Anonymiss in DC

{January 9, 2009}   Thoughts on War and Peace

It’s Day 2 and I’m back to my Daily Kos again, and they’ve just referred me to this editorial from the Atlanta Journal Constitution by Jay Bookman, which I really like.

If you don’t feel like reading the whole thing, basically his point is that it’s time to stop bickering about whether Israel had the right to invade Gaza, and instead, start thinking about what is to be accomplished by the continued violence– because it’s certainly not peace.

And I’d have to agree. Last time I checked, violence never created stability. Or feelings of good will.

Like “Hey, it’s totally cool that you blew up my house and killed my entire family. Let’s get a drink.”

I don’t think so.

Again, I realize I have a simplistic view of this– I’ve tried to acknowledge repeatedly that, frankly, I don’t really know much about this issue, and that I’m trying to learn more– but this article just makes sense to me.

What are we going to do in the long term about this problem? What is the responsible, reasonable way to establish peace in this world?

I just finished reading Three Cups of Tea, so I’ve been thinking a lot lately about Islamic extremism and am more convinced than ever that missiles and bombs dropped in a “war on terror” will do little to stop the breeding of hate that extremists rely on to continue their jihad.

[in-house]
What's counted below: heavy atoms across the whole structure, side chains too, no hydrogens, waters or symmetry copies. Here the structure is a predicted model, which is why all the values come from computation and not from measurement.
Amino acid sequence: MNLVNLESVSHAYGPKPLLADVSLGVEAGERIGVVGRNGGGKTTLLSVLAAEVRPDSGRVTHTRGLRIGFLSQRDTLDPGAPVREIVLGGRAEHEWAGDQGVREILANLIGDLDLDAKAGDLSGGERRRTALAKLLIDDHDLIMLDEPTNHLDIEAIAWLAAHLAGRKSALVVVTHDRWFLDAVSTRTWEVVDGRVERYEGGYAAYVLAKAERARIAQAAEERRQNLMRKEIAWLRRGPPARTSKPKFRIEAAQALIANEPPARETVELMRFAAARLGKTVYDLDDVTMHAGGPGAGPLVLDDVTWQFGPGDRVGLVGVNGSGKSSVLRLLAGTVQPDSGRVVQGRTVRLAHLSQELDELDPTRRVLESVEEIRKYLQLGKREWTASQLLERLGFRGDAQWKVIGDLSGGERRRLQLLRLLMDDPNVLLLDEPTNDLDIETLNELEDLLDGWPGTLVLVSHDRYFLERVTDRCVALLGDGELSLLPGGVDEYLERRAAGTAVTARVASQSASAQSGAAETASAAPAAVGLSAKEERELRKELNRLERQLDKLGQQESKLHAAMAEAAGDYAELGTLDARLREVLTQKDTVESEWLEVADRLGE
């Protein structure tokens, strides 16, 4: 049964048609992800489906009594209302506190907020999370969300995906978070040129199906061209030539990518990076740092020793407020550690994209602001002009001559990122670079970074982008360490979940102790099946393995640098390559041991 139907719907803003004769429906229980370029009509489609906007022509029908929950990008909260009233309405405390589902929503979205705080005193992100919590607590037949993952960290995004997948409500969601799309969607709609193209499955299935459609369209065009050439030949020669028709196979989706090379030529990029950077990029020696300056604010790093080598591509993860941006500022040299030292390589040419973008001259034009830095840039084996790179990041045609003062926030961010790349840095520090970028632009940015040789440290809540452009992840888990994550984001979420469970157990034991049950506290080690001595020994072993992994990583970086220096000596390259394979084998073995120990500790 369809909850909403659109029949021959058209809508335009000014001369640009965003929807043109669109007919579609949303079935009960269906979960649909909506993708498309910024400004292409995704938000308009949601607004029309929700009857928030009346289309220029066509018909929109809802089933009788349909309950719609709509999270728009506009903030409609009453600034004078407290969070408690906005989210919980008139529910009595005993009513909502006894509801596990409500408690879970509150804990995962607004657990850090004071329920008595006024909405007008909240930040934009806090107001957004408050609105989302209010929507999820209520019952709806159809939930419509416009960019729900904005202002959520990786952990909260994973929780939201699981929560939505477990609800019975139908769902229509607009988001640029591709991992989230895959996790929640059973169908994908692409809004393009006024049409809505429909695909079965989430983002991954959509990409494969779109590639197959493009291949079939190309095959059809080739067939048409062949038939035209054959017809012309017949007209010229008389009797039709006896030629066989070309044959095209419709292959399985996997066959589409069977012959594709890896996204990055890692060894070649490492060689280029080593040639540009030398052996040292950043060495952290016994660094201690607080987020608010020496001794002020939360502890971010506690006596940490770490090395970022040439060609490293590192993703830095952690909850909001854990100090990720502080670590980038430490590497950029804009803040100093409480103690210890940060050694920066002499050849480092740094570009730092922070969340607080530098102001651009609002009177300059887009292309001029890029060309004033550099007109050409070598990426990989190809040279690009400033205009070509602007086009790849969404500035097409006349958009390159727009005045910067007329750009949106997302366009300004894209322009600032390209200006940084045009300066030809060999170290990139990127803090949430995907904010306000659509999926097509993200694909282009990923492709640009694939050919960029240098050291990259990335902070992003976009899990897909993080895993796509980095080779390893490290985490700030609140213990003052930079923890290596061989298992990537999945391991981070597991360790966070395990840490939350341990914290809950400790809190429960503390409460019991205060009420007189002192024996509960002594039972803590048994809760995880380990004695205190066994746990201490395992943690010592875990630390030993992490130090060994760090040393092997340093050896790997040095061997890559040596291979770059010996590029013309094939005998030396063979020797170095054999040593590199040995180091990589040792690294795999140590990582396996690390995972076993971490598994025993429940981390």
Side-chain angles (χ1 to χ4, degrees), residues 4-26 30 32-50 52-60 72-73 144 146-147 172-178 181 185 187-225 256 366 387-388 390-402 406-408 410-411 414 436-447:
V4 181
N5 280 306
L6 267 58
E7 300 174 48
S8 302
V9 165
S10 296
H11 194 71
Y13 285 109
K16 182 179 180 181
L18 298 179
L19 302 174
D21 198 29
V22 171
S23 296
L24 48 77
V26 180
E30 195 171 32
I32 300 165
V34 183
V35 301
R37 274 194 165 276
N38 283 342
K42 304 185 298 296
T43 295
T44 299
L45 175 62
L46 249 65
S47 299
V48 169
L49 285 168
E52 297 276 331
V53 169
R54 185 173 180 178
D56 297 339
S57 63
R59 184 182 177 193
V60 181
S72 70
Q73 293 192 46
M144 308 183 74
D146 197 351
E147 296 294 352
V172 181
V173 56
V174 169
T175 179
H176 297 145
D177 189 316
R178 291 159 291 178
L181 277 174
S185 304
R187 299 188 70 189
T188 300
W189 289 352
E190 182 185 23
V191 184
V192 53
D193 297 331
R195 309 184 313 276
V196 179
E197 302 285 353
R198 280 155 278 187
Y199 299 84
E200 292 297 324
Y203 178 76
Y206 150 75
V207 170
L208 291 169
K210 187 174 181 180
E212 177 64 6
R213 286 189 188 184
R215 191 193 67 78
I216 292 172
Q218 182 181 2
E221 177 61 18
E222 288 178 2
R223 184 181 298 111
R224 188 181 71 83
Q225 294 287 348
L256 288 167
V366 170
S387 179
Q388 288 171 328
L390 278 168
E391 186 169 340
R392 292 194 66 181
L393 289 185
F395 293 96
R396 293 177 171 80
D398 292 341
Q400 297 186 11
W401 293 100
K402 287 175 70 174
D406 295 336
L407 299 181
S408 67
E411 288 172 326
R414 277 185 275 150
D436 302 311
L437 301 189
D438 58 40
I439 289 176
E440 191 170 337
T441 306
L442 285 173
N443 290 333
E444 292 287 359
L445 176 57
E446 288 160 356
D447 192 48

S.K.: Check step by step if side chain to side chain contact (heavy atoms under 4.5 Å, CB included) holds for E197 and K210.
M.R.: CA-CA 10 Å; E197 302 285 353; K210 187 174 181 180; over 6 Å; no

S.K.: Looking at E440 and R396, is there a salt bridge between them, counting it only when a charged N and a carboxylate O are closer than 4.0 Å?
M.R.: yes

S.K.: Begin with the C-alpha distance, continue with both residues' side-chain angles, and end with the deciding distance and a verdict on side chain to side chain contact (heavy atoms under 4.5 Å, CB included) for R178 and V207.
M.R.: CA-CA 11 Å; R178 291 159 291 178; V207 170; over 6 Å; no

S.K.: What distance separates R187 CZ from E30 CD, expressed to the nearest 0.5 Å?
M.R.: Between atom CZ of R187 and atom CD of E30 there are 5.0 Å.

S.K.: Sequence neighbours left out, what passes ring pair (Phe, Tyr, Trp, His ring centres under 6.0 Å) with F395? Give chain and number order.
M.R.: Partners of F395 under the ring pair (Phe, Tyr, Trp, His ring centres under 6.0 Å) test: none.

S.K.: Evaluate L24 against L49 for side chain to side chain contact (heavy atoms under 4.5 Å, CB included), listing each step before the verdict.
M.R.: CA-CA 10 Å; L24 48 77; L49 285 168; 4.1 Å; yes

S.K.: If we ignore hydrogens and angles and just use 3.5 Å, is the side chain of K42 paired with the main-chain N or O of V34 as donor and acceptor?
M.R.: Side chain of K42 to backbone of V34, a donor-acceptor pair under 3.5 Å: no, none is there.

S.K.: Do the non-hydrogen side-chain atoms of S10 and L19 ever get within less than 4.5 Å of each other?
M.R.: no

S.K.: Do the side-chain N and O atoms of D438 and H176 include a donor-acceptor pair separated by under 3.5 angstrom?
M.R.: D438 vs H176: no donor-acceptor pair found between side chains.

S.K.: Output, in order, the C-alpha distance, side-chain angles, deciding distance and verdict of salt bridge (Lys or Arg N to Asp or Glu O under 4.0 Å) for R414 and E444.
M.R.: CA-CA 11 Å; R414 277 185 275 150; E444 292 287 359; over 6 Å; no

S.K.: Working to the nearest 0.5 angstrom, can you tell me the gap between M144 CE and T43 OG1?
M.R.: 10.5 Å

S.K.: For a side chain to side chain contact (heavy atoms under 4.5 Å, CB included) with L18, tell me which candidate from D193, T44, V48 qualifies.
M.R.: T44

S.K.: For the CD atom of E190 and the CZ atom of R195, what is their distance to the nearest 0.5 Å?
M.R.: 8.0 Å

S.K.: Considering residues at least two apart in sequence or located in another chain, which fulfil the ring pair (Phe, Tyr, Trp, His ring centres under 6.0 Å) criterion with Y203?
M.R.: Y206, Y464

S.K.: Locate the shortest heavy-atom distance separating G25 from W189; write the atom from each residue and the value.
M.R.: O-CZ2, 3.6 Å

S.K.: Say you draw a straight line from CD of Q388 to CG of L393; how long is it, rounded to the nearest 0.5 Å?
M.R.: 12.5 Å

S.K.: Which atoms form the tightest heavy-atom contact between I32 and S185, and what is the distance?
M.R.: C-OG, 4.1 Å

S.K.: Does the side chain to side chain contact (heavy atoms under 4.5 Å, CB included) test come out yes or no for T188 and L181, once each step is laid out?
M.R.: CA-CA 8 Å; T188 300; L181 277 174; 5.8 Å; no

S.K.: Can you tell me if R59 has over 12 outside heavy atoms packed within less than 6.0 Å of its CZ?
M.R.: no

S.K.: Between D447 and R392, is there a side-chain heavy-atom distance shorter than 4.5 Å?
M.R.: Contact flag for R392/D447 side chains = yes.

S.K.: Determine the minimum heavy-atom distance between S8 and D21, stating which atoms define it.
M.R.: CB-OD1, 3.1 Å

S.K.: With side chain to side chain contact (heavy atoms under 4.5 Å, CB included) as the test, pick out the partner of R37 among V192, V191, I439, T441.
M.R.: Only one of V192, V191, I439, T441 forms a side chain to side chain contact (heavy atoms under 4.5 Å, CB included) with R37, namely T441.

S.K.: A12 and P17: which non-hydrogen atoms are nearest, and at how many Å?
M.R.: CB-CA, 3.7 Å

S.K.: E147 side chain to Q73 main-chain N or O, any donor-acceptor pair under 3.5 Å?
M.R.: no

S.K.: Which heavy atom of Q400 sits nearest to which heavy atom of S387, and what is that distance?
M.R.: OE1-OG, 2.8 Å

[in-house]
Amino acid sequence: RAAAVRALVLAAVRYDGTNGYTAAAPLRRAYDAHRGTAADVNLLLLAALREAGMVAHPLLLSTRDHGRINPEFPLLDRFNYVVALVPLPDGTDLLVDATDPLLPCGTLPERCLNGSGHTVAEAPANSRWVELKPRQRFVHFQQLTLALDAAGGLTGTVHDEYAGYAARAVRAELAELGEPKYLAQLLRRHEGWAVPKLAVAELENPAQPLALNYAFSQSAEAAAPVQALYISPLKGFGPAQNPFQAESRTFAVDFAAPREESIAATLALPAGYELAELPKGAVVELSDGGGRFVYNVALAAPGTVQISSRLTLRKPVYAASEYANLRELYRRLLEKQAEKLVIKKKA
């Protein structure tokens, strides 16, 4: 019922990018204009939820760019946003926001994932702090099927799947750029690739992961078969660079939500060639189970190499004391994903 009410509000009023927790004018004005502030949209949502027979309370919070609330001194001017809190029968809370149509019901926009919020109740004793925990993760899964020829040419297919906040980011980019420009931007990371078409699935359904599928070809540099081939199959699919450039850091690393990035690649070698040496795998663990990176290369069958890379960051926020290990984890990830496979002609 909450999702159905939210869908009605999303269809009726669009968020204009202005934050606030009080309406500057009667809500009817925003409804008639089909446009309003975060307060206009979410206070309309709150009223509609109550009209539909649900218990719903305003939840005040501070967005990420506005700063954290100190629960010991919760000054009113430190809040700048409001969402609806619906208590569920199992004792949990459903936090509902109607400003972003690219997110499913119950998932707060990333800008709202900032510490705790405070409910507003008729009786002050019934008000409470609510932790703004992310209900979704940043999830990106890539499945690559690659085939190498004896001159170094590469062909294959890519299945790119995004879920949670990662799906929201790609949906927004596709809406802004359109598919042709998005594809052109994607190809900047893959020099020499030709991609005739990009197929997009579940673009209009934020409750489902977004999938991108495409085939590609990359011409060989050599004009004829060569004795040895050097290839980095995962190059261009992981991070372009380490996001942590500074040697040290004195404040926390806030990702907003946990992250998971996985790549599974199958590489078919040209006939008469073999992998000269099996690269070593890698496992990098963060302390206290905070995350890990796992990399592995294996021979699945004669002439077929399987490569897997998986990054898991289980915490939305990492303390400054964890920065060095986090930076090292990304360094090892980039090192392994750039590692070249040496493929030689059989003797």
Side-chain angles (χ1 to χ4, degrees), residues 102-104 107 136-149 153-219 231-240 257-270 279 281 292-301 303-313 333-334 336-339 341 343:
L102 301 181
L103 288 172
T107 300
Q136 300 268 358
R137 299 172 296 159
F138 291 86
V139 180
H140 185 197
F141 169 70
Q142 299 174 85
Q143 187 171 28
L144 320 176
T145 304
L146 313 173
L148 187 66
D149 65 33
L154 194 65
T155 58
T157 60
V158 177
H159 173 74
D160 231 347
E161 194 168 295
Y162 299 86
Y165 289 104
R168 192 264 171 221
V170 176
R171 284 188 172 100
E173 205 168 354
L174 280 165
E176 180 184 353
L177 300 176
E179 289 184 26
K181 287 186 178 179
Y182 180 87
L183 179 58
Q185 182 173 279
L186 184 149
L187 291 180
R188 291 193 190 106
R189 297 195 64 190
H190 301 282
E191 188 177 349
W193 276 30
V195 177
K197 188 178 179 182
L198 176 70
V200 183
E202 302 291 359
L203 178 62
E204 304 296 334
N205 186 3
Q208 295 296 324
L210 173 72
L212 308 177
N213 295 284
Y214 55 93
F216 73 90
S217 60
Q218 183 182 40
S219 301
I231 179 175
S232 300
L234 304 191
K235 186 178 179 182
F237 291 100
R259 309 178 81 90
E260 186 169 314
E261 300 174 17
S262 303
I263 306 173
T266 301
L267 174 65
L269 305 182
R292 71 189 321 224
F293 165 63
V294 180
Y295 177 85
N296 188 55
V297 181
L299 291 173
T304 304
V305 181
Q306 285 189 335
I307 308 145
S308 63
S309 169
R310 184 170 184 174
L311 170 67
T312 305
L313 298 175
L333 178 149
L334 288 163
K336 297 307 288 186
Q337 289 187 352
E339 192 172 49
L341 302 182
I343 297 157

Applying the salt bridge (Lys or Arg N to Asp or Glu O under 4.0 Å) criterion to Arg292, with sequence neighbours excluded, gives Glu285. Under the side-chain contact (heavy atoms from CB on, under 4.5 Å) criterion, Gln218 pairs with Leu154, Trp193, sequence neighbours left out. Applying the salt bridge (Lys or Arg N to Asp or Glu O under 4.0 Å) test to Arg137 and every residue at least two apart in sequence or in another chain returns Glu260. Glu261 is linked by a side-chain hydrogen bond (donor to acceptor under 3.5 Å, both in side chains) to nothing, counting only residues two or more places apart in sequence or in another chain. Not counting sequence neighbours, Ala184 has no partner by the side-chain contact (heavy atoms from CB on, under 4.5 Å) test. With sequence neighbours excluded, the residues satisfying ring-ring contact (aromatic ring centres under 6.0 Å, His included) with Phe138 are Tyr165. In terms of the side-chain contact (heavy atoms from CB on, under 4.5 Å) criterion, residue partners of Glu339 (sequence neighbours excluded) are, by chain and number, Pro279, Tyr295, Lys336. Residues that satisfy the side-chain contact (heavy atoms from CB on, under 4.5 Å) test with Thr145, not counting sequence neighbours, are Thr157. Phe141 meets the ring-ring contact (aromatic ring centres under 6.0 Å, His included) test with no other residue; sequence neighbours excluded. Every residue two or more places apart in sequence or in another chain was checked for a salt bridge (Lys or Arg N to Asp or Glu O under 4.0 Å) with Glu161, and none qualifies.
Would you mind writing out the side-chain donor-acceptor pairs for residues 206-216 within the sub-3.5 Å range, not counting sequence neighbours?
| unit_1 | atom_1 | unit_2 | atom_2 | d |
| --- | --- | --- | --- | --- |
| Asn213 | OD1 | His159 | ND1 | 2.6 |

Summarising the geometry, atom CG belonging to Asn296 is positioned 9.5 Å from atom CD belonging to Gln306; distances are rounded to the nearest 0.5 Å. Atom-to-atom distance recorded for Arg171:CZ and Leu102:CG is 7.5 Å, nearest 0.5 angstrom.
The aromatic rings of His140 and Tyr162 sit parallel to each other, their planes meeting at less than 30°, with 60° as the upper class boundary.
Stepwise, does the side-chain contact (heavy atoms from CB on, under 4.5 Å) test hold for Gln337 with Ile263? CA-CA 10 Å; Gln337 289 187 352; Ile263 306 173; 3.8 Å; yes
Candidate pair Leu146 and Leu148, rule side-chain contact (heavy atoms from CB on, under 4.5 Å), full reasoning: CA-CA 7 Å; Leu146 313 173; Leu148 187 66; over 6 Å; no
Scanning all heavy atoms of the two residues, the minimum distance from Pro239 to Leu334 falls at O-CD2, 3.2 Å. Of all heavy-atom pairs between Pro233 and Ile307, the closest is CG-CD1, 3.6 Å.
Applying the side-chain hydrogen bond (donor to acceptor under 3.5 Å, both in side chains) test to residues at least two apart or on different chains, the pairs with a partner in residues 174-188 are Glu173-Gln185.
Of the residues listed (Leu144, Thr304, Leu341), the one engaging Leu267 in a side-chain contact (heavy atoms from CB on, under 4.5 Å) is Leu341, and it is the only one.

Greg Mortenson, who’s spent years risking his life to bring schools to children in rural Pakistan and Afghanistan, argues that the key to stopping the cycle of hate and violence is education. (See more on his work here, here, and here— and check out Three Cups of Tea.)

And I know there are lots of people out there who would roll their eyes and scream at me that these people would kill me without a second thought, and that the only language these people understand is death, and blah blah blah…

But I’m not really saying that I feel safe and that I think that if we build a bunch of schools we will all be singing Kumbayah within ten years, and I’m not trying to dismantle our DOD. But I am saying I think there is something to that argument in the long term.

Even Obama talks about finding Osama Bin Laden, the mastermind behind the 9/11 attacks. And while I certainly wouldn’t be upset if we got him, really, what good does it do to find and kill one man?

When we drop bombs, we destory homes, livelihoods, and dreams. We leave people desperate.  Poor and/or orphaned children are lured into fundamentalist madrassas preaching hate against the West and getting sucked into terror cells, and we just drop more bombs. What do you want people to think when you destroy everything– however little– that they have and ignore the wreckage? (Get this: Since 2002— that’s 7 years?– we’ve spent 11 billion on non-military development in Afghanistan. That’s pretty pitiful when you consider we spend 36 billion annually on military operations there. More about that in another good article here.)

It’s really time for a different approach.  I don’t live in Candyland, and I don’t expect it to be perfect…but clearly we need to try something new, and clearly the time to do that is now.

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